After a shaky entrance to the new generation of consoles, the NBA 2K series seems to be building on its ambitious foundation for NBA 2K22 (release date: September 10). In a short preview event with Visual Concepts, I was overjoyed to hear that many of my complaints about NBA 2K21 were addressed in NBA 2K22. For example, The City, which previously felt empty, is populated with NPCs and interacting buildings. Nevertheless, microtransactions and their impact on new features are overshadowed. It is difficult to say whether any changes have been made in this regard, and if history has taught us anything, it is probably best to assume the worst.
Optimistic, but the most exciting changes involve all of The City and MyCareer. In NBA 2K22, MyCareer will waste the more movie experience we have become so accustomed to in favor of a more open world mission system in The City. I was skeptical at first, but this does not feel like a cut. Instead, the focus seems to be on making The City feel more alive and popular. One of my key complaints in NBA 2K21
NBA 2k22 first screenshots
Similarly, the overly cruel Rookieville has been cut from NBA 2K22. This is a significant change, as it will allow me to jump right into the best parts of MyCareer in The City: playing with my friends and exploring the newly populated areas. There will also be the freedom to explore business outside the NBA, with new opportunities to develop clothing lines or even become a hip-hop star. It remains to be seen how detailed these mission lines are, but it seems like an interesting step towards a better role-playing experience.
In terms of play, there was very little talk about. Almost everything that was mentioned was about a focus for more “control” – something NBA 2K21 already did a much better job with. There seems to be an increased effort to make the defense entertaining, with renewed blocking and stealing systems. Similarly, the focus on crime seems to reward high skill levels instead of the dice rolling elements the franchise has become known for. Some of this seems promising, but without many details it is difficult to know what these concepts will look like in action.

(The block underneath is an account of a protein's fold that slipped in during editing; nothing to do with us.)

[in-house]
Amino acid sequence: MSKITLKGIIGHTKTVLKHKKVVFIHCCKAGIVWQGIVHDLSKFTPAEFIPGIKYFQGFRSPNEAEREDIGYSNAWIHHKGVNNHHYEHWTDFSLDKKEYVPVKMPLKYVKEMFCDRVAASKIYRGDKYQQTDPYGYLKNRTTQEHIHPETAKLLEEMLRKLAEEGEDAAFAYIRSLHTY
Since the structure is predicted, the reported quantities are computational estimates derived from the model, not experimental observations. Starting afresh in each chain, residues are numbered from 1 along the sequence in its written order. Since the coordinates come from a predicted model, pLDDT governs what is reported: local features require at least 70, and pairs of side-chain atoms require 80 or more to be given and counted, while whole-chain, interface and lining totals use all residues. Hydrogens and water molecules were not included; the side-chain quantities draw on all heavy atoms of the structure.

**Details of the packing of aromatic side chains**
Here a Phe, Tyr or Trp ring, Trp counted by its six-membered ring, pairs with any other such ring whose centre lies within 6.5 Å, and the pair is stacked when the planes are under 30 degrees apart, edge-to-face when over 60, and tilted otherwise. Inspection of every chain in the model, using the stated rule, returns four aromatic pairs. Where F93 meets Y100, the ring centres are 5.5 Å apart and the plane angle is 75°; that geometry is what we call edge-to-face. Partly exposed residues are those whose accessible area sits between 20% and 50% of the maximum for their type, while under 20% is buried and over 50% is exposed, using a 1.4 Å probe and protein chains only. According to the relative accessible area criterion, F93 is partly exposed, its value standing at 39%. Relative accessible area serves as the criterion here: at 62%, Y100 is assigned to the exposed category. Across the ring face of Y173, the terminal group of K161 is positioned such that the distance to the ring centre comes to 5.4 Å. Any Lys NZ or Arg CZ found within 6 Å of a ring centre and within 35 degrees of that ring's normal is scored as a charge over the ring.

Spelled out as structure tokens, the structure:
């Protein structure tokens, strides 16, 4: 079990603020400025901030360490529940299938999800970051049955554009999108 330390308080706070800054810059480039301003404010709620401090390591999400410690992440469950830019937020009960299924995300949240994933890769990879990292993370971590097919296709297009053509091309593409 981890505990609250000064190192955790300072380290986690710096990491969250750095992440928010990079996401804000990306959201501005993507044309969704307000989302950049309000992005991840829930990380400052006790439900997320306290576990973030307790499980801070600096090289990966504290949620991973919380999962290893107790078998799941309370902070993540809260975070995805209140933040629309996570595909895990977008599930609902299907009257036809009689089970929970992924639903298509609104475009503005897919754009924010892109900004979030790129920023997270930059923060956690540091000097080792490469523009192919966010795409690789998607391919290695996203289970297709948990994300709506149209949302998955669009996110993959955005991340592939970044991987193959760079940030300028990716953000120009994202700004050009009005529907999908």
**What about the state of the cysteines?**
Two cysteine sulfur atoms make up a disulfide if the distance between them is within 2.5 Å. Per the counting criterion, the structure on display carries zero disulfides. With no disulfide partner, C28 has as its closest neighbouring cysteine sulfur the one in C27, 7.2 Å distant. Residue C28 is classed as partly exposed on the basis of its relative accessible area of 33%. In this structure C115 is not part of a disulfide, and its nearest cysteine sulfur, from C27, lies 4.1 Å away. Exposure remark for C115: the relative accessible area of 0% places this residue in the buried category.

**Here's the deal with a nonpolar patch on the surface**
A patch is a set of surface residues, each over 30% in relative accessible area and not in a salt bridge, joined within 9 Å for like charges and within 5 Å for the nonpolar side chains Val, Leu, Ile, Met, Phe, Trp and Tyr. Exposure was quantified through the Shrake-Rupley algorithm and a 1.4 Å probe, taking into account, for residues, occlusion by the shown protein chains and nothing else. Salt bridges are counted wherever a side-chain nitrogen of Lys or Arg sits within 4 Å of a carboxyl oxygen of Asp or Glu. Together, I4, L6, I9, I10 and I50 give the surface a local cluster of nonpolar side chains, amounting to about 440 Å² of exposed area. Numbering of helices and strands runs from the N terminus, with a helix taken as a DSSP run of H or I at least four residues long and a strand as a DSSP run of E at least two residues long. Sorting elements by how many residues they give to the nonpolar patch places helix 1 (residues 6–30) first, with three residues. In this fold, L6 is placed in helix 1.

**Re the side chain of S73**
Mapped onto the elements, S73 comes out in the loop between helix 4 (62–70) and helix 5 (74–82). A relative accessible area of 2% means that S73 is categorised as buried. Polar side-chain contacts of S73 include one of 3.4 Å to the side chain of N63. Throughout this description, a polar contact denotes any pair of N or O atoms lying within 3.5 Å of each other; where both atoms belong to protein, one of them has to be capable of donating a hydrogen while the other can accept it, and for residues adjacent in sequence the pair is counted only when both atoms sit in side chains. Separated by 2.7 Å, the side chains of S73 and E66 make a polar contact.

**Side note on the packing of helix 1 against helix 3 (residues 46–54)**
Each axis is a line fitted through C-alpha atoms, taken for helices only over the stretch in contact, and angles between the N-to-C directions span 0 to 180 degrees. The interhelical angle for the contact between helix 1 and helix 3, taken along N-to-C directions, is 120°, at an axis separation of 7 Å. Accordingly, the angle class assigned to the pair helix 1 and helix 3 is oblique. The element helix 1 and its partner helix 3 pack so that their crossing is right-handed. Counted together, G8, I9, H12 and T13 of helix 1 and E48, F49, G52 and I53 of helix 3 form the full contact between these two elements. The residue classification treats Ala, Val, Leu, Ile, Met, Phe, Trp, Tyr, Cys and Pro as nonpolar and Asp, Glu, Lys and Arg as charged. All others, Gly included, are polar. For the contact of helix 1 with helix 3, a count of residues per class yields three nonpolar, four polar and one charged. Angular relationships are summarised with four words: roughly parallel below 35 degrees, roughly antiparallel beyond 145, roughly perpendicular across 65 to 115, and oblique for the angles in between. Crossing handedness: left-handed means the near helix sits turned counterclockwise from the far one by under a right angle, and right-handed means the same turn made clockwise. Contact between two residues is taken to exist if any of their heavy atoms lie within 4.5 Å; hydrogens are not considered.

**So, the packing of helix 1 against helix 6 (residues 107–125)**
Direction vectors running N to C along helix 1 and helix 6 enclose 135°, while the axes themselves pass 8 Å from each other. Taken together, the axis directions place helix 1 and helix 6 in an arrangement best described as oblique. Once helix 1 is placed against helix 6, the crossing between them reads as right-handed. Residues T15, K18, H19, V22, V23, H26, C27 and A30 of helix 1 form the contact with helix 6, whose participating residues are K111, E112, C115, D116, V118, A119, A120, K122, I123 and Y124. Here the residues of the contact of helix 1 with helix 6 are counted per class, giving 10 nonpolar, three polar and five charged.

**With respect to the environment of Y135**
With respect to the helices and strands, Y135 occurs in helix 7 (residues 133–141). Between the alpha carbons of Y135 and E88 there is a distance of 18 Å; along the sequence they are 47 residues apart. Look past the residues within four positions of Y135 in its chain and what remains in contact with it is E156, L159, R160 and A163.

One aspect of the game that got some attention was fatigue and how this would interfere with the focus on load handling in MyNBA. With the violent injury set in this year’s NBA Finals, NBA 2K22 emphasizes how focusing too much on a star player can put injuries or greater fatigue at risk. The new fatigue system stands for things like cross-outs with great effort and the kind of energy that zaps from players in the middle of a game. Giving players rest days and plenty of time to rest is now crucial to making a deep play-off without injury.
Another interesting development is the addition of “seasons” to all facets of NBA 2K22. Seasons was first used in MyTeam in NBA 2K21 as a way to engage players every six weeks or so. Now this concept will apply to the entire game. Visual Concepts promises significant updates over a similar six-week time frame – including a holiday update that will add an unknown mode to MyTeam. Although they did not give details of what this might look like, there was a promise that the game in season one would look completely different than when season two or three came around.
The last thing that came to my mind at the press event was Visual Concept’s dedication to both the previous and current generation of consoles. When they talked about MyCareer, they talked excitedly about the differences between each. For example, The Neighborhood (a previous generation exclusive) involves playing aboard a cruise ship with excursions to places like Egypt. Similarly, there seemed to be a real focus on game parody between the two generations with a focus on not leaving the previous generation behind. While this is in some respects admirable, I came away and felt a little confused that the focus had not first shifted to what should be the best version of the game on Playstation 5 and Xbox Series X and S.
In the same way, it seems that there will still be a narrative experience available on the previous generation version of NBA 2K22. While 2K22’s addition to The City seems more exciting to me, the door seems open for the new generation NBA 2K22 to feel less complete with the feature. More details are promised for August, so it may be safe not to make any assumptions until then. While cross-generational momentum is still available, both versions of the NBA 2K22 seemed to have dedicated development time. I just hope that the next generation versions do not feel less impressive than they should be.
In the end, it seems that NBA 2K22 is playing it safe in many respects. After the monumental shift from the neighborhood to the city, it seems appropriate that Visual Concepts would take the opportunity to build on what is already there. As it stands, I look forward to hearing more details about NBA 2K22 and how it will build on its ambitious performance from a year ago.